Cook was a senior economist on the White House Council of Economic Advisers from 2011 to 2012 and worked for the Treasury Department from 2000 to 2001. She previously held visiting positions at the Fed banks of Minneapolis, New York and Philadelphia and the National Bureau of Economic Research.
Jefferson’s term would end in 2036 if he’s confirmed, and Cook would finish out a term ending in 2024, though she would be eligible to be nominated for a full 14-year term after that.
Confirmation would also have implications for how the Fed considers climate change as it regulates banks and oversees risks to the financial system. Supporters and critics alike see Raskin as critical in setting the course for the Fed’s climate policy.
As vice chair for supervision, Raskin would be responsible for setting the Fed’s regulatory agenda. The Duke University law school professor has been outspoken about the financial risk posed by climate change and regulators’ duty to address it. Raskin was a Fed board member from 2010 to 2014 and left to become second in command at the Treasury Department until 2017.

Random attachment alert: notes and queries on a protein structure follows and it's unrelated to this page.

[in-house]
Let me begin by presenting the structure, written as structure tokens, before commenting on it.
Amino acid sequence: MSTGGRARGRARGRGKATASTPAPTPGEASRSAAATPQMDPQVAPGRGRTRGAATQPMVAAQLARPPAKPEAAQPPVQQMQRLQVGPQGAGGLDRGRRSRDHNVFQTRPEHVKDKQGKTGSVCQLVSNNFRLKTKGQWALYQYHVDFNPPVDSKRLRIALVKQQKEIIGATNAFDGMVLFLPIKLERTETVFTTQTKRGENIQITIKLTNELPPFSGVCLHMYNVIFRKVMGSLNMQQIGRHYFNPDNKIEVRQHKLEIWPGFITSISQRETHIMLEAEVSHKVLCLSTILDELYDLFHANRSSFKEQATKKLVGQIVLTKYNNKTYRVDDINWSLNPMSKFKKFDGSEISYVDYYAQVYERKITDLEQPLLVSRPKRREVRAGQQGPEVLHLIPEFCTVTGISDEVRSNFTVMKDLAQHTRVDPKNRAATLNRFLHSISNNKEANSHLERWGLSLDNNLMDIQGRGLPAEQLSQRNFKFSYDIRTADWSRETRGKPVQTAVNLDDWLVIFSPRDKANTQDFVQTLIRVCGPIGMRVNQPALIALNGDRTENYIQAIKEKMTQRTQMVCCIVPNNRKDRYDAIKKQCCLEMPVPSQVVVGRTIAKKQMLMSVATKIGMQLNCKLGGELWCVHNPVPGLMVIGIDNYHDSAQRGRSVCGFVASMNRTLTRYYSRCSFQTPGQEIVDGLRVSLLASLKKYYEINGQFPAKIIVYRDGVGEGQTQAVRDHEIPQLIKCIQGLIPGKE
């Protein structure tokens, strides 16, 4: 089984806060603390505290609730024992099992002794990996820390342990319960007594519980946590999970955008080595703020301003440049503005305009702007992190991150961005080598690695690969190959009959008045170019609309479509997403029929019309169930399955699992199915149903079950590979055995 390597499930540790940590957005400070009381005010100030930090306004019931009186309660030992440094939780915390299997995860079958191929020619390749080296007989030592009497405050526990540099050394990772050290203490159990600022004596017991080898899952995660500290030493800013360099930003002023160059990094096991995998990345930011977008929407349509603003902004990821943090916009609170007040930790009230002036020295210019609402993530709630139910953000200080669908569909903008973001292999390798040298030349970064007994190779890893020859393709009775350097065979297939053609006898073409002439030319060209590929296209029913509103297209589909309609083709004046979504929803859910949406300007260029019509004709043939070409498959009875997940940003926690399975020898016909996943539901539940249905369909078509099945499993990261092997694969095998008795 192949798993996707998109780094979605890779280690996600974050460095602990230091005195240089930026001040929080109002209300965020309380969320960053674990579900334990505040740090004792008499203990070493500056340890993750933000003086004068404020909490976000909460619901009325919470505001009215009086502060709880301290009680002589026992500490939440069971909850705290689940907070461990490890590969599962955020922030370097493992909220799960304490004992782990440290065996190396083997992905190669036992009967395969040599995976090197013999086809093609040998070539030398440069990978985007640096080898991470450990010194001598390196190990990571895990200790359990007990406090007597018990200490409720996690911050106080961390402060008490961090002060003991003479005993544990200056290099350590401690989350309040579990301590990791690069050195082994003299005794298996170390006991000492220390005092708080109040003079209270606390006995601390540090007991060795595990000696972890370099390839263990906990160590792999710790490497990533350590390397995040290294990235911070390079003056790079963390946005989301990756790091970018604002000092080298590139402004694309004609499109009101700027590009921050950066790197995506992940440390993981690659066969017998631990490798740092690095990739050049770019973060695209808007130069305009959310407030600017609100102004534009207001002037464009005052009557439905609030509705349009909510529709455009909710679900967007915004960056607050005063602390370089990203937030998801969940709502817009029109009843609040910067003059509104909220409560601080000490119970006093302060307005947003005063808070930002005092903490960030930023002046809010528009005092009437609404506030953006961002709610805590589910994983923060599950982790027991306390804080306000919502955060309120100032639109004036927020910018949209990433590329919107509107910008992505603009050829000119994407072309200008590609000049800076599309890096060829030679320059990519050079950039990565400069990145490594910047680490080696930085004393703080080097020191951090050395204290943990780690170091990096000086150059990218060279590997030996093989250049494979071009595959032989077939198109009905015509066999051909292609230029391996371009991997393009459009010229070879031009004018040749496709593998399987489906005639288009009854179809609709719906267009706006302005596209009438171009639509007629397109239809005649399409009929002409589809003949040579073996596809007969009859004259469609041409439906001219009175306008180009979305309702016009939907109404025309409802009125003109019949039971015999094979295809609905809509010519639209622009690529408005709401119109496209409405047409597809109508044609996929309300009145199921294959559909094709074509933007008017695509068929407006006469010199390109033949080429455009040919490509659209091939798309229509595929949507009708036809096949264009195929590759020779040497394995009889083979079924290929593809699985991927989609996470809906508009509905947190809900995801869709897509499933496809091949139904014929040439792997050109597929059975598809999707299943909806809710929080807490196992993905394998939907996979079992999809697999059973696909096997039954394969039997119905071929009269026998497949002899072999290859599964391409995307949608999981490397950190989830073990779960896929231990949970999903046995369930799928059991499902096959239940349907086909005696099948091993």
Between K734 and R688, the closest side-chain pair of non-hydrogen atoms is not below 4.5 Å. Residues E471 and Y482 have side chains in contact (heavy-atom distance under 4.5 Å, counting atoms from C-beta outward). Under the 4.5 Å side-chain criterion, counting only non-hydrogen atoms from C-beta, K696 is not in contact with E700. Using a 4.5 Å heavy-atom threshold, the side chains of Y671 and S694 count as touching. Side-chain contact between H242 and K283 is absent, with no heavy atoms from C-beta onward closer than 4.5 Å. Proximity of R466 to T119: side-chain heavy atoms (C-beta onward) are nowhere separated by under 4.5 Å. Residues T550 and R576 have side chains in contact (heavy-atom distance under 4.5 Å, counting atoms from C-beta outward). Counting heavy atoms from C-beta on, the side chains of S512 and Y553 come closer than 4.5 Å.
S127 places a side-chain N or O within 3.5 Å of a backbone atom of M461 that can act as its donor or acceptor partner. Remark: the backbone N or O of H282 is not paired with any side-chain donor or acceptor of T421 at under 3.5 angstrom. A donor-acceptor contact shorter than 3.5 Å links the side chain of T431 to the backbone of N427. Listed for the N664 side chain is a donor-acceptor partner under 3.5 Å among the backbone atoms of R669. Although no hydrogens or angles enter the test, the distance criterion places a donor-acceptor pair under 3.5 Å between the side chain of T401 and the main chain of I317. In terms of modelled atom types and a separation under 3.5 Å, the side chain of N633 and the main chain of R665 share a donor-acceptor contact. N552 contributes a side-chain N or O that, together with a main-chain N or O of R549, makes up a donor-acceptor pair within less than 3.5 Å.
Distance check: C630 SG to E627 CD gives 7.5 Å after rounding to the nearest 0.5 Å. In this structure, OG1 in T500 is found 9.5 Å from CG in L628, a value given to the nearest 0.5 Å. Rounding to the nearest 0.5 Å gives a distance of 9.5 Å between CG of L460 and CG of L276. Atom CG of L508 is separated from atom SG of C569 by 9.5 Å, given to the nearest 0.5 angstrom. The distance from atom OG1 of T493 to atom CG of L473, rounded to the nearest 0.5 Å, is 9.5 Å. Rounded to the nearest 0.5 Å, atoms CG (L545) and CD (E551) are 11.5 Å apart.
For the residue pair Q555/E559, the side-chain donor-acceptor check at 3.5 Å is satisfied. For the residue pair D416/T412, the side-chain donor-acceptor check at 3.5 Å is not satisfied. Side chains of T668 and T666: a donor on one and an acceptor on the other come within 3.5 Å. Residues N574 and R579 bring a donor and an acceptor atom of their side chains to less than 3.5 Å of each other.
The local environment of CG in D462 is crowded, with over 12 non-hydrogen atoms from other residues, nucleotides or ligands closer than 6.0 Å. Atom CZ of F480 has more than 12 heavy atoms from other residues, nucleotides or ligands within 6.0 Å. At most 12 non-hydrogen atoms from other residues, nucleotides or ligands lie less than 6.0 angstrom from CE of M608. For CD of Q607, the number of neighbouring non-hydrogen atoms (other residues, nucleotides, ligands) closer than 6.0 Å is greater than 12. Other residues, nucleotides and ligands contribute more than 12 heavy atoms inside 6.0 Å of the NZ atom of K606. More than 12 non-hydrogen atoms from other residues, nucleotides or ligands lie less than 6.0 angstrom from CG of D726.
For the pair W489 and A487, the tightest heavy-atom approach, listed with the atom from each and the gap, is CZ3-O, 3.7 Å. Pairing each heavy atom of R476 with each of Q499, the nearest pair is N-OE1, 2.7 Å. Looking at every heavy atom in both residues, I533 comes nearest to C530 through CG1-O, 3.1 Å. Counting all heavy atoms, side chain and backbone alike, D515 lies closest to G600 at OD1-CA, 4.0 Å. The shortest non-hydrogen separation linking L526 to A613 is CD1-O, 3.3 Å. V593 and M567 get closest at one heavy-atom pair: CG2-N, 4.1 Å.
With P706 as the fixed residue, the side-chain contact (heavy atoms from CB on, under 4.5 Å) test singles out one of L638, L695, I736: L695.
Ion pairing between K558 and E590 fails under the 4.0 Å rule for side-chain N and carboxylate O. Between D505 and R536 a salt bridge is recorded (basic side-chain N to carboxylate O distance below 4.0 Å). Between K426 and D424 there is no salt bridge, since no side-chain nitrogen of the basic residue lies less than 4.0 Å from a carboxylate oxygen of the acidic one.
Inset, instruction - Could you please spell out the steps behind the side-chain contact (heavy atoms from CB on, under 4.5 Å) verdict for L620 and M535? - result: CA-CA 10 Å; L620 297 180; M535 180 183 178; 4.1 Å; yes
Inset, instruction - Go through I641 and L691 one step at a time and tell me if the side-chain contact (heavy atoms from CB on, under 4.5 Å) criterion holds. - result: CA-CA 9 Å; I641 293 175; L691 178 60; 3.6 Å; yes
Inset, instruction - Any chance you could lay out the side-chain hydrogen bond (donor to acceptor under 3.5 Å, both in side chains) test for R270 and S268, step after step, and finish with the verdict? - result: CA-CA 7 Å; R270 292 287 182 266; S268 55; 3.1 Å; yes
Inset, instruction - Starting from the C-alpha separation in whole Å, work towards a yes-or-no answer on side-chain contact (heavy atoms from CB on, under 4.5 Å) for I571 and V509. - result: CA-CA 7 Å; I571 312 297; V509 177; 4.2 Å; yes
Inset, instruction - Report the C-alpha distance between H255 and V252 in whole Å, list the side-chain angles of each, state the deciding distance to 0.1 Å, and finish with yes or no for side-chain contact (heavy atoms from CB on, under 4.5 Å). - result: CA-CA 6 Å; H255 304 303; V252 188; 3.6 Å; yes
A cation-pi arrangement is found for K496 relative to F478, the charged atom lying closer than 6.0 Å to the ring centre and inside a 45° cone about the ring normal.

“She understands that we need to think about all the financial risks our economy faces — including the possible economic impact of severe weather and climate change,” Brown said at her confirmation hearing. “As we heard from Chair Powell, this is a priority for the Fed.”
Both Powell and Brainard have said they would incorporate climate change into stress scenarios to ensure banks understand their potential exposure to the risk.
But it’s Raskin who has drawn the most fire from Republicans about her stance on climate change, particularly over a 2020 New York Times op-ed in which she argued that struggling energy companies should have been left out of the Fed’s pandemic relief facilities.